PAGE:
Taking Your Diabetes Medications on a Regular Schedule
People who have diabetes often need to take medicine to help control their blood sugar levels. You might take one or more types of medicine in a pill form, and you may also need to take insulin or a similar medicine as a shot (injection). Taking your medicine as your doctor directs will become an important part of your treatment plan, along with diet and exercise.
Why a Medication Schedule is Important
It's important to understand how often and when you'll need to take your medication. Your doctor will give you this information. This will help your blood sugar levels stay as steady as possible.
Generally, if you miss a dose, you should take it when you realize you've missed it. Otherwise, your blood sugar could rise. If you're very close to your next dose, however, you should wait so you don't get too much medication. This could lower your blood sugar too much. Your doctor will give you specific information about the medications you take, and the printed information you get from the pharmacy will often describe what to do if you miss a dose.
Tips for Maintaining a Schedule
It’s important to take your medicines on a regular schedule. This might be harder if you’re taking several different types, but there are several things you can do to make it easier:
Keep your medicine visible - Keep your medications in the same place so you’ll know exactly where they are. If you take medication in the morning or at bedtime, for example, you may want to store it on your nightstand. Just make sure it’s out of the reach of young children.
Establish a routine - It can help to pair taking your medication with another regular routine. If you take one in the morning, for example, you might take it right after you brush your teeth or just before breakfast.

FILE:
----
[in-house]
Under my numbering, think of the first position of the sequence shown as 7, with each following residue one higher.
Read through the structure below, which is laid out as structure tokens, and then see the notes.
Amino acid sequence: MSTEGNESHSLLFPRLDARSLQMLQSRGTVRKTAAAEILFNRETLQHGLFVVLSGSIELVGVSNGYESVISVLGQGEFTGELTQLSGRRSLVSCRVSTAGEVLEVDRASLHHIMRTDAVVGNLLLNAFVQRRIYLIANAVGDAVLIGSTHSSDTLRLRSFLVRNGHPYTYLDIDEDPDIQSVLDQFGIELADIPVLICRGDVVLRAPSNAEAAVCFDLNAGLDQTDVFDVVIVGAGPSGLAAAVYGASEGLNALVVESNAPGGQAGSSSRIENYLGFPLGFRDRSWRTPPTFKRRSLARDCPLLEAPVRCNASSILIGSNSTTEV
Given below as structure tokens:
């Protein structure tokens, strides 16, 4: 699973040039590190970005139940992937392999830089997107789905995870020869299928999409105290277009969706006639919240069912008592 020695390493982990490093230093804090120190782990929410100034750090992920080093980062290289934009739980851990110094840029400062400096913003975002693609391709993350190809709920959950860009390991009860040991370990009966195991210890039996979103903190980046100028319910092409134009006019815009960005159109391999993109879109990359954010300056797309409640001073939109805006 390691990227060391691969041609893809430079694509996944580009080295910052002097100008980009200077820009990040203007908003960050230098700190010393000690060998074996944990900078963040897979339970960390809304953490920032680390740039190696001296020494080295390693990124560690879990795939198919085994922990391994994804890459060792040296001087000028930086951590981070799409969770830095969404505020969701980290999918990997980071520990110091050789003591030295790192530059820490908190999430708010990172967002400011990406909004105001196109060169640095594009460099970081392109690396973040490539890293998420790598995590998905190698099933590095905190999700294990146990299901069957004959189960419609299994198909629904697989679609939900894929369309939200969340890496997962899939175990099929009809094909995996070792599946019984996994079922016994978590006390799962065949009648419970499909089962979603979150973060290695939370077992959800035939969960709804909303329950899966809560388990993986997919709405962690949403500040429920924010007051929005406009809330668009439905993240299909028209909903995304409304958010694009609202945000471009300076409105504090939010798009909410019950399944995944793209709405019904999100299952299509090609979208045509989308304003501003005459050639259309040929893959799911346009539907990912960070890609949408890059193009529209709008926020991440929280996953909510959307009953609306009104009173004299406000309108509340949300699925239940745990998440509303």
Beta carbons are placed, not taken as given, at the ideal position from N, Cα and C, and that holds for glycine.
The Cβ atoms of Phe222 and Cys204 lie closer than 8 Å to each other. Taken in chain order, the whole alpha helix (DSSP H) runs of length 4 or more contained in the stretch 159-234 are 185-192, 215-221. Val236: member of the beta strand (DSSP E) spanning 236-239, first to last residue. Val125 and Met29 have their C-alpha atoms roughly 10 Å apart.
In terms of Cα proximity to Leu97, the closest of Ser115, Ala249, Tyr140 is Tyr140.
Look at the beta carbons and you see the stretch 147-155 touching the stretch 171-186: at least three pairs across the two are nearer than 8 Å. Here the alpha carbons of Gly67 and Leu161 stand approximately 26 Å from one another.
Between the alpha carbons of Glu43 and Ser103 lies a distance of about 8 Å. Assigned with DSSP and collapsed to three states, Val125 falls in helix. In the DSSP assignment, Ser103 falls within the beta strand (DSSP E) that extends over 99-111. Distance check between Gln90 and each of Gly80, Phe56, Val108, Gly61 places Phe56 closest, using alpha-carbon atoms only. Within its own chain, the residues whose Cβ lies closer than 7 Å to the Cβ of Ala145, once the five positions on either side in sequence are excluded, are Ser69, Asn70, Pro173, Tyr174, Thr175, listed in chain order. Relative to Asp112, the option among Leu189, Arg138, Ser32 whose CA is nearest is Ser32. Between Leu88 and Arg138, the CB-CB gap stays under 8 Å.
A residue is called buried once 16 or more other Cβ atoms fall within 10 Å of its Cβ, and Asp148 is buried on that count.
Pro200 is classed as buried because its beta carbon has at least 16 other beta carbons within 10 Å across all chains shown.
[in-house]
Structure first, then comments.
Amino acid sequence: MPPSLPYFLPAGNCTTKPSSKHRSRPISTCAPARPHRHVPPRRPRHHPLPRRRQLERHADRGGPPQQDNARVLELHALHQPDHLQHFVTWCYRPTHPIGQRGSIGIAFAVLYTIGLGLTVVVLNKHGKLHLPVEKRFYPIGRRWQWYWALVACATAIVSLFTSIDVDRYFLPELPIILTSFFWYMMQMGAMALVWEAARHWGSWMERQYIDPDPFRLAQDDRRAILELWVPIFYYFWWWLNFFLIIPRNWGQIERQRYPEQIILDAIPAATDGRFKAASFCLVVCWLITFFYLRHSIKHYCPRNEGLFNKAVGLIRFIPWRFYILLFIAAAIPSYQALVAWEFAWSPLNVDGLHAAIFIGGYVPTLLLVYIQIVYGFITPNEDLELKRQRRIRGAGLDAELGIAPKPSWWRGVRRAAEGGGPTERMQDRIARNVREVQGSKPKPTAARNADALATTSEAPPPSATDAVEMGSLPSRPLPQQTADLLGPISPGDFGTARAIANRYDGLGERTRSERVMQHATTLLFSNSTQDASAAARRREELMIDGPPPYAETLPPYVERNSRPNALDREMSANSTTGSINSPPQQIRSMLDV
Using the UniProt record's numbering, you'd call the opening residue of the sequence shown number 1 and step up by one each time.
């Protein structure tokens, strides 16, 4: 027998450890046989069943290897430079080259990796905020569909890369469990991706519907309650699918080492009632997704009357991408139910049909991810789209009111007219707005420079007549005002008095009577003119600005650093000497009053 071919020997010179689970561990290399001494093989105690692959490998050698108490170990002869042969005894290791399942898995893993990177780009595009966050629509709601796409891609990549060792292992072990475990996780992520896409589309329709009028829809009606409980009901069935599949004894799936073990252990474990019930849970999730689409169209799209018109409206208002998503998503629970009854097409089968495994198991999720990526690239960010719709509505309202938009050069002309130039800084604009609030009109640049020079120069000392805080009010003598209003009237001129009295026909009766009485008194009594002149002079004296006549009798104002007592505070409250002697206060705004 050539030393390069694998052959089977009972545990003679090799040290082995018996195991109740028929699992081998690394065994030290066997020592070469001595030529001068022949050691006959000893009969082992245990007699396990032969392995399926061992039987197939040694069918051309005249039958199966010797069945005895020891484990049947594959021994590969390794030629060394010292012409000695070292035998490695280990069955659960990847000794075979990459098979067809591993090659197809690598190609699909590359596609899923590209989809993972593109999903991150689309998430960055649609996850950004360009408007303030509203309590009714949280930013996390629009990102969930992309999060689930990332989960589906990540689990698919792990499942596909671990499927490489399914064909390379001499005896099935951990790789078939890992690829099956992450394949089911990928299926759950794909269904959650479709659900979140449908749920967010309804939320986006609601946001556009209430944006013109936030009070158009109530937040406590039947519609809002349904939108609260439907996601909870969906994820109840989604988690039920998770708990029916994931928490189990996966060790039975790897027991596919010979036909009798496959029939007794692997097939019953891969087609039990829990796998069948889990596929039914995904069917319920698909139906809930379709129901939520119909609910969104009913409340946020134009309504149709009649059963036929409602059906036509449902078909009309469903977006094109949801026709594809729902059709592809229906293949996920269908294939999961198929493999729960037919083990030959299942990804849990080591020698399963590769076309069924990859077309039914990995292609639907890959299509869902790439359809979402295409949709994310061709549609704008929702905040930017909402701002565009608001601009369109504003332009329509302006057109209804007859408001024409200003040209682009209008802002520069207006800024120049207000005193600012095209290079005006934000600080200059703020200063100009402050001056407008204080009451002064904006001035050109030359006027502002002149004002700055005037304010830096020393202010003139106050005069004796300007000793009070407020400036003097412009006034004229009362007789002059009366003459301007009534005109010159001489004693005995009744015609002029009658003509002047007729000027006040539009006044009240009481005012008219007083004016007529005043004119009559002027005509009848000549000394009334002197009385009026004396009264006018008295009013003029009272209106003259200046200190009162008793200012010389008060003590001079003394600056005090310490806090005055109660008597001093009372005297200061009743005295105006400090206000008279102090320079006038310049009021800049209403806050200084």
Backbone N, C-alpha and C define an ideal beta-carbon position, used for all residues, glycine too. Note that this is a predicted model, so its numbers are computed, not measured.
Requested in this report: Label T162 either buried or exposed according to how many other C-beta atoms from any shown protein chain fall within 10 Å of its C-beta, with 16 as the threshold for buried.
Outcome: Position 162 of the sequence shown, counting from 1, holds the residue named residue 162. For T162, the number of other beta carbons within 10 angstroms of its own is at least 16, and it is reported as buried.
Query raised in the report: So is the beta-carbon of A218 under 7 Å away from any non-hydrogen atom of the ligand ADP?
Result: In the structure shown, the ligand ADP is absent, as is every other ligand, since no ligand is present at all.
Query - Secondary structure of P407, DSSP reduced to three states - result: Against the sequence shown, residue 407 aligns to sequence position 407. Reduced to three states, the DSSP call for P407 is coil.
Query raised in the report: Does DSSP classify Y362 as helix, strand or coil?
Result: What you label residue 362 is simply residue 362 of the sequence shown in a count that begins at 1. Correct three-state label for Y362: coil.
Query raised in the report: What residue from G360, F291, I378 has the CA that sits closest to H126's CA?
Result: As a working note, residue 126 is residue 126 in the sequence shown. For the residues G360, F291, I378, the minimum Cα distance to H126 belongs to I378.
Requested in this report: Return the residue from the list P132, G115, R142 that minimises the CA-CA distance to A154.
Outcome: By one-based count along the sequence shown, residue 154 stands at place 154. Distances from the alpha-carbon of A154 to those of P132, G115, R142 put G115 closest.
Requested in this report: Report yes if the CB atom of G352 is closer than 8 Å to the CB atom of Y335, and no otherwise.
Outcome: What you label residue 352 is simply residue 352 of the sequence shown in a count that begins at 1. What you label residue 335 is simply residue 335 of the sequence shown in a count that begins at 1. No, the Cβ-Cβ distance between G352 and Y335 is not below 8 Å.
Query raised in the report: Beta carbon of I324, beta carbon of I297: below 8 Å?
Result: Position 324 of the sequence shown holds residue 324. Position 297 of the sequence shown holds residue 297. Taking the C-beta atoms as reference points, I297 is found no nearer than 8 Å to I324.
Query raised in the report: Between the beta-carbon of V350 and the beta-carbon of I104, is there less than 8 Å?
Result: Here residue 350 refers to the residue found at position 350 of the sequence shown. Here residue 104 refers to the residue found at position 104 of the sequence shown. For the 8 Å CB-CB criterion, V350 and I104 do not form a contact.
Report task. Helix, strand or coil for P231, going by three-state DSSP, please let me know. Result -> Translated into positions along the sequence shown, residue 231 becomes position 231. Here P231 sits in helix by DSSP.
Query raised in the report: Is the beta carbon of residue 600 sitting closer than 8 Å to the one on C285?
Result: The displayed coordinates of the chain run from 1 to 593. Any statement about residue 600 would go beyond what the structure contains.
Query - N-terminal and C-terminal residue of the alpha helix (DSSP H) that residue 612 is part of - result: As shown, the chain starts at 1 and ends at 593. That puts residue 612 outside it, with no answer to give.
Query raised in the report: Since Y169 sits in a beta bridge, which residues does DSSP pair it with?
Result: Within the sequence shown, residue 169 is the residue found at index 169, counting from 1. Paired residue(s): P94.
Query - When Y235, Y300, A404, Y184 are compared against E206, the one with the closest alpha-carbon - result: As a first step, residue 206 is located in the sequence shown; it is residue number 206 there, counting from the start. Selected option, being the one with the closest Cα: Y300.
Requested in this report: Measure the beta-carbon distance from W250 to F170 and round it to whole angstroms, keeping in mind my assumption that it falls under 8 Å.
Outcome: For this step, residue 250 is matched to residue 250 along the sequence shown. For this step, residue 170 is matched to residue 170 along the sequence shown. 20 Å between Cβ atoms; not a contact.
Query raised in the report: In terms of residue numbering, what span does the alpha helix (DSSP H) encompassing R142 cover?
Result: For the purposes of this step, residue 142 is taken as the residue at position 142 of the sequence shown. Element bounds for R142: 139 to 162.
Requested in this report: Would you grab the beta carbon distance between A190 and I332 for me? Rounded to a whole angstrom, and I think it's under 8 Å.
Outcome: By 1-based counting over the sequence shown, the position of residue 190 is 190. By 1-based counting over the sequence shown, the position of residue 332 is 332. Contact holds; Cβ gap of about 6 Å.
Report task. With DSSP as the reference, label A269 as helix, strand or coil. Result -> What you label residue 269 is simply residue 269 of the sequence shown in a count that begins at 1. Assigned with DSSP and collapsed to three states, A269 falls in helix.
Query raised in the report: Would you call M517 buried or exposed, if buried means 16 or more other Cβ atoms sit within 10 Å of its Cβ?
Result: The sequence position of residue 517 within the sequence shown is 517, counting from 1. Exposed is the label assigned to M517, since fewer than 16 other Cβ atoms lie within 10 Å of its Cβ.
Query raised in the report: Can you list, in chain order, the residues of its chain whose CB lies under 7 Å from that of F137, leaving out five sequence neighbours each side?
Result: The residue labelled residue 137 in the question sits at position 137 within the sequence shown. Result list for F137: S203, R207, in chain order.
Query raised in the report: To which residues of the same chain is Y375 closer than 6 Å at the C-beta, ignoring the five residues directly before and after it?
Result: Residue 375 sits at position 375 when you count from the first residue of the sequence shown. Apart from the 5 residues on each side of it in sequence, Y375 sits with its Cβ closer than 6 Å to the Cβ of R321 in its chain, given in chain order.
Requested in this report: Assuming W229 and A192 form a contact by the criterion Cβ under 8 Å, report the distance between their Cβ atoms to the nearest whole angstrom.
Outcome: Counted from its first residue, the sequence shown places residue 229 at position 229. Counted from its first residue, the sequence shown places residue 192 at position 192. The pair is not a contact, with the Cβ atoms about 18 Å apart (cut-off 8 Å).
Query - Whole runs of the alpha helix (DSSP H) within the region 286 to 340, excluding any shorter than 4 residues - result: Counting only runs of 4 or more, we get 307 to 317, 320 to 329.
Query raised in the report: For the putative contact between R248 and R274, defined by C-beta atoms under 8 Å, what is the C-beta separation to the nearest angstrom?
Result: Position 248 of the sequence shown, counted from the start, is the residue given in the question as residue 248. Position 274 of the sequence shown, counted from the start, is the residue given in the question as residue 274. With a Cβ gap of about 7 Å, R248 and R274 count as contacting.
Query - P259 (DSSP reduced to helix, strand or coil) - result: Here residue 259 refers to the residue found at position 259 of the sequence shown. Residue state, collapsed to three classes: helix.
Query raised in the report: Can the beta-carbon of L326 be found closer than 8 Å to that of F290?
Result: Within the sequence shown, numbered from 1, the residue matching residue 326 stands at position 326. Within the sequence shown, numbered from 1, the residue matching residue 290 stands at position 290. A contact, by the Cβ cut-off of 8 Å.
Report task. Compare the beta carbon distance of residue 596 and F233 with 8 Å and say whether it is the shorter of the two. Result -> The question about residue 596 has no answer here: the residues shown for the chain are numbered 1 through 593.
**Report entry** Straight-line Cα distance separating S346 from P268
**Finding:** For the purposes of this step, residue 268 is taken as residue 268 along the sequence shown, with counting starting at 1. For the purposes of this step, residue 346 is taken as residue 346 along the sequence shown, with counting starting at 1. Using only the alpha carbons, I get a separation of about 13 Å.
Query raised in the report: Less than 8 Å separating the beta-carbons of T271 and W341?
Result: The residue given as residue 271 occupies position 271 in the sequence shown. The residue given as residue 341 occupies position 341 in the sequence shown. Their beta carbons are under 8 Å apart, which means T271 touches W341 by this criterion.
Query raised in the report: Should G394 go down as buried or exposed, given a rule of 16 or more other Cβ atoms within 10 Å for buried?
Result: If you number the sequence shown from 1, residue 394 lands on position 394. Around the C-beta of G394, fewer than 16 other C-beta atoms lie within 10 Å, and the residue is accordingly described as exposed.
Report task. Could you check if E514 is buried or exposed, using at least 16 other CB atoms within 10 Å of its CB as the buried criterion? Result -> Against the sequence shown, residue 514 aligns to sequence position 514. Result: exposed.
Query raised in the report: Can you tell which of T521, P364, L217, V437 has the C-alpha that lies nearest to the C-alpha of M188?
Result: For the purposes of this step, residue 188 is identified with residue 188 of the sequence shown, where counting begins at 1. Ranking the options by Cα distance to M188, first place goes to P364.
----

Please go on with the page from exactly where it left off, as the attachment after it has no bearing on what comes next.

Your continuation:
Set alarms - Use your cell phone or watch to sound an alarm to remind you when to take your medicine.
Use a pill organizer - A pill organizer can help you keep track of your oral medications. It has divided sections, one for each day of the week. If you’re unsure whether you’ve taken a dose or not, a pill organizer will help you easily verify this information.
Prepare for times when you're away from home - Make sure you have the supplies you need when you’re at work or school. Some pharmacies can put medicine in blister packs that let you take smaller amounts with you.
Talk with your doctor and diabetes care team - If you’ve having trouble managing your medication, talk to your doctor, pharmacist and diabetes care team. They can make suggestions to help, and your doctor also may be able to alter your medication schedule slightly if needed. Changes should never be made without your doctor’s OK, however.
Prepare for refills - Make sure you don’t run out of your medicine. Mail order pharmacies can deliver multiple months worth of medication at one time. Many pharmacies will let you sign up to automatically refill your prescriptions so you don’t risk running out. Others may be able to call you when a medication is almost due for a refill.
Use only one pharmacy - It's best to use only one pharmacy location for your prescriptions. The pharmacist will then have access to all the medicines you're taking and will be able to warn you about any possible interactions between different medications.
Planning is Key
Medication is an important tool in managing your diabetes. Establishing a routine that works best for your schedule will help reduce the possibility that you’ll miss a dose, so you don't lose the important health benefits you receive from your medications.